North America:1 (800) 942-7767 International:+1 (937) 778-4200
Search

World War I U.S. bi-plane attacking German bi-planes.

Sync Gear: How World War I Fighters Avoided Damaging Their Own Propellers

Date: December 1, 2016 Category: Blog Tags: ,
Print Friendly

Did you ever wonder how World War I machine gun operators were able to fire from the air without damaging their propellers?

Sync gear, also known as an interrupter or gun synchronizer, was developed during World War I to ensure that an armament attached to a single-engine aircraft could fire through the spinning arc of a propeller without damaging the propeller blades.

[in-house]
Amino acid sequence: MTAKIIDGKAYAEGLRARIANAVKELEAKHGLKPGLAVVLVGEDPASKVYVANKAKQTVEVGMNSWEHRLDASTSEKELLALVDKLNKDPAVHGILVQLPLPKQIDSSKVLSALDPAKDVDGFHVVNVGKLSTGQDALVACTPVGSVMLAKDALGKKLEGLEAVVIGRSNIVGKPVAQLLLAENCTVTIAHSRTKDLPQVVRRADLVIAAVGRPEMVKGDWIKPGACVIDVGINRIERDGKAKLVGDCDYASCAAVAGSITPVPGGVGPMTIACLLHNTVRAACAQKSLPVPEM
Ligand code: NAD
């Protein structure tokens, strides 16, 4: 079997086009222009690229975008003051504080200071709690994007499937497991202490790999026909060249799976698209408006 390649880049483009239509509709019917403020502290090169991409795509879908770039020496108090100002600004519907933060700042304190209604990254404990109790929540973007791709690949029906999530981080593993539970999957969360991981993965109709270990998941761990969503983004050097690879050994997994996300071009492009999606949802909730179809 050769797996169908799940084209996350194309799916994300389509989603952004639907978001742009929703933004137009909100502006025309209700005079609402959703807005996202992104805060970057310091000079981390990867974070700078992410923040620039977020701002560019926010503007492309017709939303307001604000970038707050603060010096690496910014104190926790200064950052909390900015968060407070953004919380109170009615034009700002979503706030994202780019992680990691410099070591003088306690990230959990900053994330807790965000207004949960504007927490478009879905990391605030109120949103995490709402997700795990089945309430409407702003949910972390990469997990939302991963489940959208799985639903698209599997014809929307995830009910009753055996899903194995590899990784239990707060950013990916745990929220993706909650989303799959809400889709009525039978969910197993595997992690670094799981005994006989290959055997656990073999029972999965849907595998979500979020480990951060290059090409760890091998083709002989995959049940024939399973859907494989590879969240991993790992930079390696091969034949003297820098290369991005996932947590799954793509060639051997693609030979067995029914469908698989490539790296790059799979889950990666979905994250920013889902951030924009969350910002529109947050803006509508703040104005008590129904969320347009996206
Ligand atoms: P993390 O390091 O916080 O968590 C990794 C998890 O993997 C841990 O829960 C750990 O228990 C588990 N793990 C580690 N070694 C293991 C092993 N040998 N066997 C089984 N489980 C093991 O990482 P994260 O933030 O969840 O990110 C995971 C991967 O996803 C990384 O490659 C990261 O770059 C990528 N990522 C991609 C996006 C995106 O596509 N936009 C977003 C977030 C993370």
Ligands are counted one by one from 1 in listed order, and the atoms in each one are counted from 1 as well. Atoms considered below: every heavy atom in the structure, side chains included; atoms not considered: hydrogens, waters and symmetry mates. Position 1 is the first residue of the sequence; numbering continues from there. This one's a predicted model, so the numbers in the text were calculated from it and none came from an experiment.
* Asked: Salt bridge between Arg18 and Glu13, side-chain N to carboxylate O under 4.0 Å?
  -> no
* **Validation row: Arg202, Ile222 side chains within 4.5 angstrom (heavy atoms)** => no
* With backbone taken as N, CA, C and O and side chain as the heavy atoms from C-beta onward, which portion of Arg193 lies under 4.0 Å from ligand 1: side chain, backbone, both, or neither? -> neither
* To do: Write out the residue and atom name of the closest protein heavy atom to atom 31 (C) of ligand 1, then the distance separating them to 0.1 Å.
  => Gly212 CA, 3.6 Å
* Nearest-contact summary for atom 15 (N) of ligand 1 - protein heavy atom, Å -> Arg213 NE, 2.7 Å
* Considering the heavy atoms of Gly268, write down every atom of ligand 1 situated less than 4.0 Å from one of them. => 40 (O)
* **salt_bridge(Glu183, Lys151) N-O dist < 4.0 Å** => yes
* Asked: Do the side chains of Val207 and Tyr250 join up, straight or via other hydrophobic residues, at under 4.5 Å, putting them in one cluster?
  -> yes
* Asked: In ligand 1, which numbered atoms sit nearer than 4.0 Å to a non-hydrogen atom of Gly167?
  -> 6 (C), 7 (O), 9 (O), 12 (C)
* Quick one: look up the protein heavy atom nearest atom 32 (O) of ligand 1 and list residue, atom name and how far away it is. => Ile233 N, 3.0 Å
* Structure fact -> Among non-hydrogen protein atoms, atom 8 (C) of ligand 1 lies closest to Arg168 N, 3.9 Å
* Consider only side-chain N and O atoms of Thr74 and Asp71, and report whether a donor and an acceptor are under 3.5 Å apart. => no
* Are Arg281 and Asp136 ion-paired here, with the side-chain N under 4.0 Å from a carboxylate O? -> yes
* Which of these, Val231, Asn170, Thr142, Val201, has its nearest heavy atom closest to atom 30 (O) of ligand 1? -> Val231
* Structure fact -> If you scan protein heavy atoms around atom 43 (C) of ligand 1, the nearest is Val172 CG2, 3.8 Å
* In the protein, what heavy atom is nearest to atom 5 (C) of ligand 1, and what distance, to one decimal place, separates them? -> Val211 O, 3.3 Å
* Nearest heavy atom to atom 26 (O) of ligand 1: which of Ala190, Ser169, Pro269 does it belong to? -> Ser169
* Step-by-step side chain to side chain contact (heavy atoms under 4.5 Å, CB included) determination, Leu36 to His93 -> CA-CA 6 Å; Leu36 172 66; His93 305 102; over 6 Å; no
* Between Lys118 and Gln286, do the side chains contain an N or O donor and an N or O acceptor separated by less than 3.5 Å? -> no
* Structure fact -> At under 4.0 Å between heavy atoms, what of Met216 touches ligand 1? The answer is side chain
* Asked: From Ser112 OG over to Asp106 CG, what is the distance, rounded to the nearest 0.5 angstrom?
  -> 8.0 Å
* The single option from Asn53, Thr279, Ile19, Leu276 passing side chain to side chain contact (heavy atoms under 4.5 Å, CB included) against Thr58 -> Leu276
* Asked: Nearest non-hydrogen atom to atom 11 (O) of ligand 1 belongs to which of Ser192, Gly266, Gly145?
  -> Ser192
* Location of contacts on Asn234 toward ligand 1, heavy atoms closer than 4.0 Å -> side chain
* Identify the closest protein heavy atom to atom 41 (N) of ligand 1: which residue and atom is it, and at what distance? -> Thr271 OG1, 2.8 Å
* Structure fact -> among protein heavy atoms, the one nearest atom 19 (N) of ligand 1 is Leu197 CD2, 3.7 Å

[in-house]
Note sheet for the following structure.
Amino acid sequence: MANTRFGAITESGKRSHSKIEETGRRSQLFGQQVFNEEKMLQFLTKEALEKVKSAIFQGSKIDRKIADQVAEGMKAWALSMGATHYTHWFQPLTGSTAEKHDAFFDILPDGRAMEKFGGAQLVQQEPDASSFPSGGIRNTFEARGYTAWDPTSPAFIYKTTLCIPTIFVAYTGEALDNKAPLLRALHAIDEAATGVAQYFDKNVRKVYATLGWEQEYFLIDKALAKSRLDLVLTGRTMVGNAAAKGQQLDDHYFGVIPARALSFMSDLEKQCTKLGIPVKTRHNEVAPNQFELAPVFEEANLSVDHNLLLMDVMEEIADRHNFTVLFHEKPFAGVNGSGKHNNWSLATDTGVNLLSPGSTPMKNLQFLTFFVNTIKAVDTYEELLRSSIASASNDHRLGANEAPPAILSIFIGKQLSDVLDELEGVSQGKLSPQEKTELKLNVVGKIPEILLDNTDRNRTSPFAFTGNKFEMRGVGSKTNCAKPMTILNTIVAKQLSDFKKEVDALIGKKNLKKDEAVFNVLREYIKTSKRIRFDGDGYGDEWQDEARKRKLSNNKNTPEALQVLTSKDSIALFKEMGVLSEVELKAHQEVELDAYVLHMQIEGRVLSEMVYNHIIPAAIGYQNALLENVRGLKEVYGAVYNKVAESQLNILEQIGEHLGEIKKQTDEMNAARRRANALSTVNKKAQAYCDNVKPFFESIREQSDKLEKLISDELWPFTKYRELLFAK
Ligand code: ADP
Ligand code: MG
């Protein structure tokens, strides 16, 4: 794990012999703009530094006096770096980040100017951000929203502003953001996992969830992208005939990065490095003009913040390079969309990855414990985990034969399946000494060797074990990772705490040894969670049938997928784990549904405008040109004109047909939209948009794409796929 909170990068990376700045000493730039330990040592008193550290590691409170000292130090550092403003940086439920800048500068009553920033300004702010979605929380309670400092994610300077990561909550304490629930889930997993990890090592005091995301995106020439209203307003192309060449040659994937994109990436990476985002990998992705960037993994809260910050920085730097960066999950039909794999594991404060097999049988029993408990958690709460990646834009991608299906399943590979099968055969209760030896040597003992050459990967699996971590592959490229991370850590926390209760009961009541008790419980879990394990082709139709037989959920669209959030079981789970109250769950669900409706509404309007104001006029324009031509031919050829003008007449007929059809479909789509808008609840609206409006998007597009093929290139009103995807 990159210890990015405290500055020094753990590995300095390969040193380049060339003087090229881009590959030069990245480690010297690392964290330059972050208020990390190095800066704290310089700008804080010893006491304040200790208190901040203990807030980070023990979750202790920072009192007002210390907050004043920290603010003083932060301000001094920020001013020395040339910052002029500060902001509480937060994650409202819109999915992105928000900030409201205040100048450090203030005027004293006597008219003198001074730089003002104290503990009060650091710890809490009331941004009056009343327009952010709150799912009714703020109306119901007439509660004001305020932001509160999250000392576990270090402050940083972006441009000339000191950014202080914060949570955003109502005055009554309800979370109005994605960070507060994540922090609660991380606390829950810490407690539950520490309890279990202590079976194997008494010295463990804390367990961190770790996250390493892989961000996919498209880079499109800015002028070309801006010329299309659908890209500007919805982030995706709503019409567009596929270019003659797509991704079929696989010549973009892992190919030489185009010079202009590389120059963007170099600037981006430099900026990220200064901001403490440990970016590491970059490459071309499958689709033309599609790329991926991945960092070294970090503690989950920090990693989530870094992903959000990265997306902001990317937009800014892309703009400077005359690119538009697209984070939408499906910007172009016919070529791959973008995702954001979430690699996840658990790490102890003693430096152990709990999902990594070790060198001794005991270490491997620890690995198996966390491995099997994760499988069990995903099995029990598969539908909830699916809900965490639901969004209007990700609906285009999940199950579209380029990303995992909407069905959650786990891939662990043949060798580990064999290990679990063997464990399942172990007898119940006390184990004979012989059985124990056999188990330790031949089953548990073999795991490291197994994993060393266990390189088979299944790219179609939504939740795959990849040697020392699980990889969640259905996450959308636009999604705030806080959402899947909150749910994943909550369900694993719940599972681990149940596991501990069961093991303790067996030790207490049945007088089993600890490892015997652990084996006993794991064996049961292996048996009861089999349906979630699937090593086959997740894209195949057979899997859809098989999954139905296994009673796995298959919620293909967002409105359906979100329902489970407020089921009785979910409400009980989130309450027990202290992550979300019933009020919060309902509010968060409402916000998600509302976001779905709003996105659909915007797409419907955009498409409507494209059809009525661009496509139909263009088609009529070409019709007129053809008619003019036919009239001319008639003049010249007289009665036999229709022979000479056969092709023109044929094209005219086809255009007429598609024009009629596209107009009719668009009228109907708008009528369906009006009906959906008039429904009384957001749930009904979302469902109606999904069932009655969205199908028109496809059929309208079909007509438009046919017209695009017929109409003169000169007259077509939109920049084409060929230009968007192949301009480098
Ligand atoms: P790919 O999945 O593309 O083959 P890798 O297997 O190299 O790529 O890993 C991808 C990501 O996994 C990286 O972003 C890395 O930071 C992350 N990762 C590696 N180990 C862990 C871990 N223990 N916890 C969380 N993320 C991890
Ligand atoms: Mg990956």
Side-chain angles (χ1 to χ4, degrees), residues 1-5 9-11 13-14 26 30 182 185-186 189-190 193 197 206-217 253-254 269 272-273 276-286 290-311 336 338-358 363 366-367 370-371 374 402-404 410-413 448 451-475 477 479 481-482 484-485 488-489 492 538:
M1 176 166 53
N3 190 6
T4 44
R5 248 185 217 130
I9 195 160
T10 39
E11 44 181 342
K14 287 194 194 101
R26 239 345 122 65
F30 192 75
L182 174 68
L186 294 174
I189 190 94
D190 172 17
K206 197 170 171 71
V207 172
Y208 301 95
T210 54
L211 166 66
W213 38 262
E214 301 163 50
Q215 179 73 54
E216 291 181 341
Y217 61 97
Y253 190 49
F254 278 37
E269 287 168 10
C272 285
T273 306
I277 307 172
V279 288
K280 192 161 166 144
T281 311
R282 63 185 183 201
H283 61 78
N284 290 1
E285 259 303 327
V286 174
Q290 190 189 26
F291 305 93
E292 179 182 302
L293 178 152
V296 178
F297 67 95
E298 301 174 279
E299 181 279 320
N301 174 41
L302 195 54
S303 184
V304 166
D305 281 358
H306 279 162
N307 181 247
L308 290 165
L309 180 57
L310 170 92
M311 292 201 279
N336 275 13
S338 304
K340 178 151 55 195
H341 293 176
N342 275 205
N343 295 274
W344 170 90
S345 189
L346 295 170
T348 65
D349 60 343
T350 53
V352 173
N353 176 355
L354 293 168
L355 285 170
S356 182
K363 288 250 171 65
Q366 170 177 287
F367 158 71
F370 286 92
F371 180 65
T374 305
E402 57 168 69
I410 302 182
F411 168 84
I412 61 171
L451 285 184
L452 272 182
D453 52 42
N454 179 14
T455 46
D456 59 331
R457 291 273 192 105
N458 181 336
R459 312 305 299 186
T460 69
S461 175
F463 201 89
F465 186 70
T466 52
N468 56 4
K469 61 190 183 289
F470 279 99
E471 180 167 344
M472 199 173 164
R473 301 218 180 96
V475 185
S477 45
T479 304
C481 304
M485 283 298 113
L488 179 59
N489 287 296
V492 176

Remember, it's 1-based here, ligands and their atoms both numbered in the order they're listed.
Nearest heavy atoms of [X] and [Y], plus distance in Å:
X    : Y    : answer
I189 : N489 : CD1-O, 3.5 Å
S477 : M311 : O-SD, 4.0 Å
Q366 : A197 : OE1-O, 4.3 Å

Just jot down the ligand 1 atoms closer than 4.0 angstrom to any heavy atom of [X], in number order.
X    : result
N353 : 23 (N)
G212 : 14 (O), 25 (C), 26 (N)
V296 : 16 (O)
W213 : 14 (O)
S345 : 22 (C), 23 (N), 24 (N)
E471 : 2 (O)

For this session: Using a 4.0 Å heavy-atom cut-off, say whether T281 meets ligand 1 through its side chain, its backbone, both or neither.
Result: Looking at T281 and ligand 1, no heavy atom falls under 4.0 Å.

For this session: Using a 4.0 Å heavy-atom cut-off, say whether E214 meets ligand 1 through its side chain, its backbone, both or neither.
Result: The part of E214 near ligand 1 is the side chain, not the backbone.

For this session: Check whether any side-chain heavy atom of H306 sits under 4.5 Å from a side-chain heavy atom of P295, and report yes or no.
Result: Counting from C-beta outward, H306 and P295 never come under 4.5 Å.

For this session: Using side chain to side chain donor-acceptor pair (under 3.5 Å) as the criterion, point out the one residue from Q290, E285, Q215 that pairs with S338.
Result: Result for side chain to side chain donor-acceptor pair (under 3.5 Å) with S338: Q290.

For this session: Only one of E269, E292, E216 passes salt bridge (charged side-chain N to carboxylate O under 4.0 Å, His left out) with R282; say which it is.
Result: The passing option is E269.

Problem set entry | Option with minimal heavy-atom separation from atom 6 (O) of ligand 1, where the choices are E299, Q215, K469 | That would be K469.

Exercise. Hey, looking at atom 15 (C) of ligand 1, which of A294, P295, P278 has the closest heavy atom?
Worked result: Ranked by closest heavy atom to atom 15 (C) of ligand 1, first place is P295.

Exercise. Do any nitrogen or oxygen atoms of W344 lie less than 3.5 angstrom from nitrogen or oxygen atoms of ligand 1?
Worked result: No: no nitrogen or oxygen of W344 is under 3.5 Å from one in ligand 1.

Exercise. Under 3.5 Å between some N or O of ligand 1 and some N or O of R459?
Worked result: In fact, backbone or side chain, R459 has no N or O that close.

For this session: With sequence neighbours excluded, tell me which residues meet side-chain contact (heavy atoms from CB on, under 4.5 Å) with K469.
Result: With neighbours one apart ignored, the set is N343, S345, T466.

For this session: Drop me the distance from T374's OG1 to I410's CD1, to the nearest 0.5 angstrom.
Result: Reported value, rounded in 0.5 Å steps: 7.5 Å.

As you can imagine, this was a complex problem for engineers to solve, as the rate of a propeller’s spin and the gun’s rate of fire can vary. What they needed to do was synchronize the rate at which these two independent machines operated. Gun synchronization experiments in France and Germany took place in 1913 and 1914 using a mechanical hydraulic link between the two systems. The first true sync gear to enter service was in 1915, in the German Air Service.

By 1930, fighter aircraft came standard with two synchronized rifle caliber machines guns, both of which fired forward through the spinning propeller using an electric synchronization system.

Want to see how it works? Check out this incredible slow-motion video of how sync gear enabled propellers and machine guns to operate in tandem:

Hartzell Propeller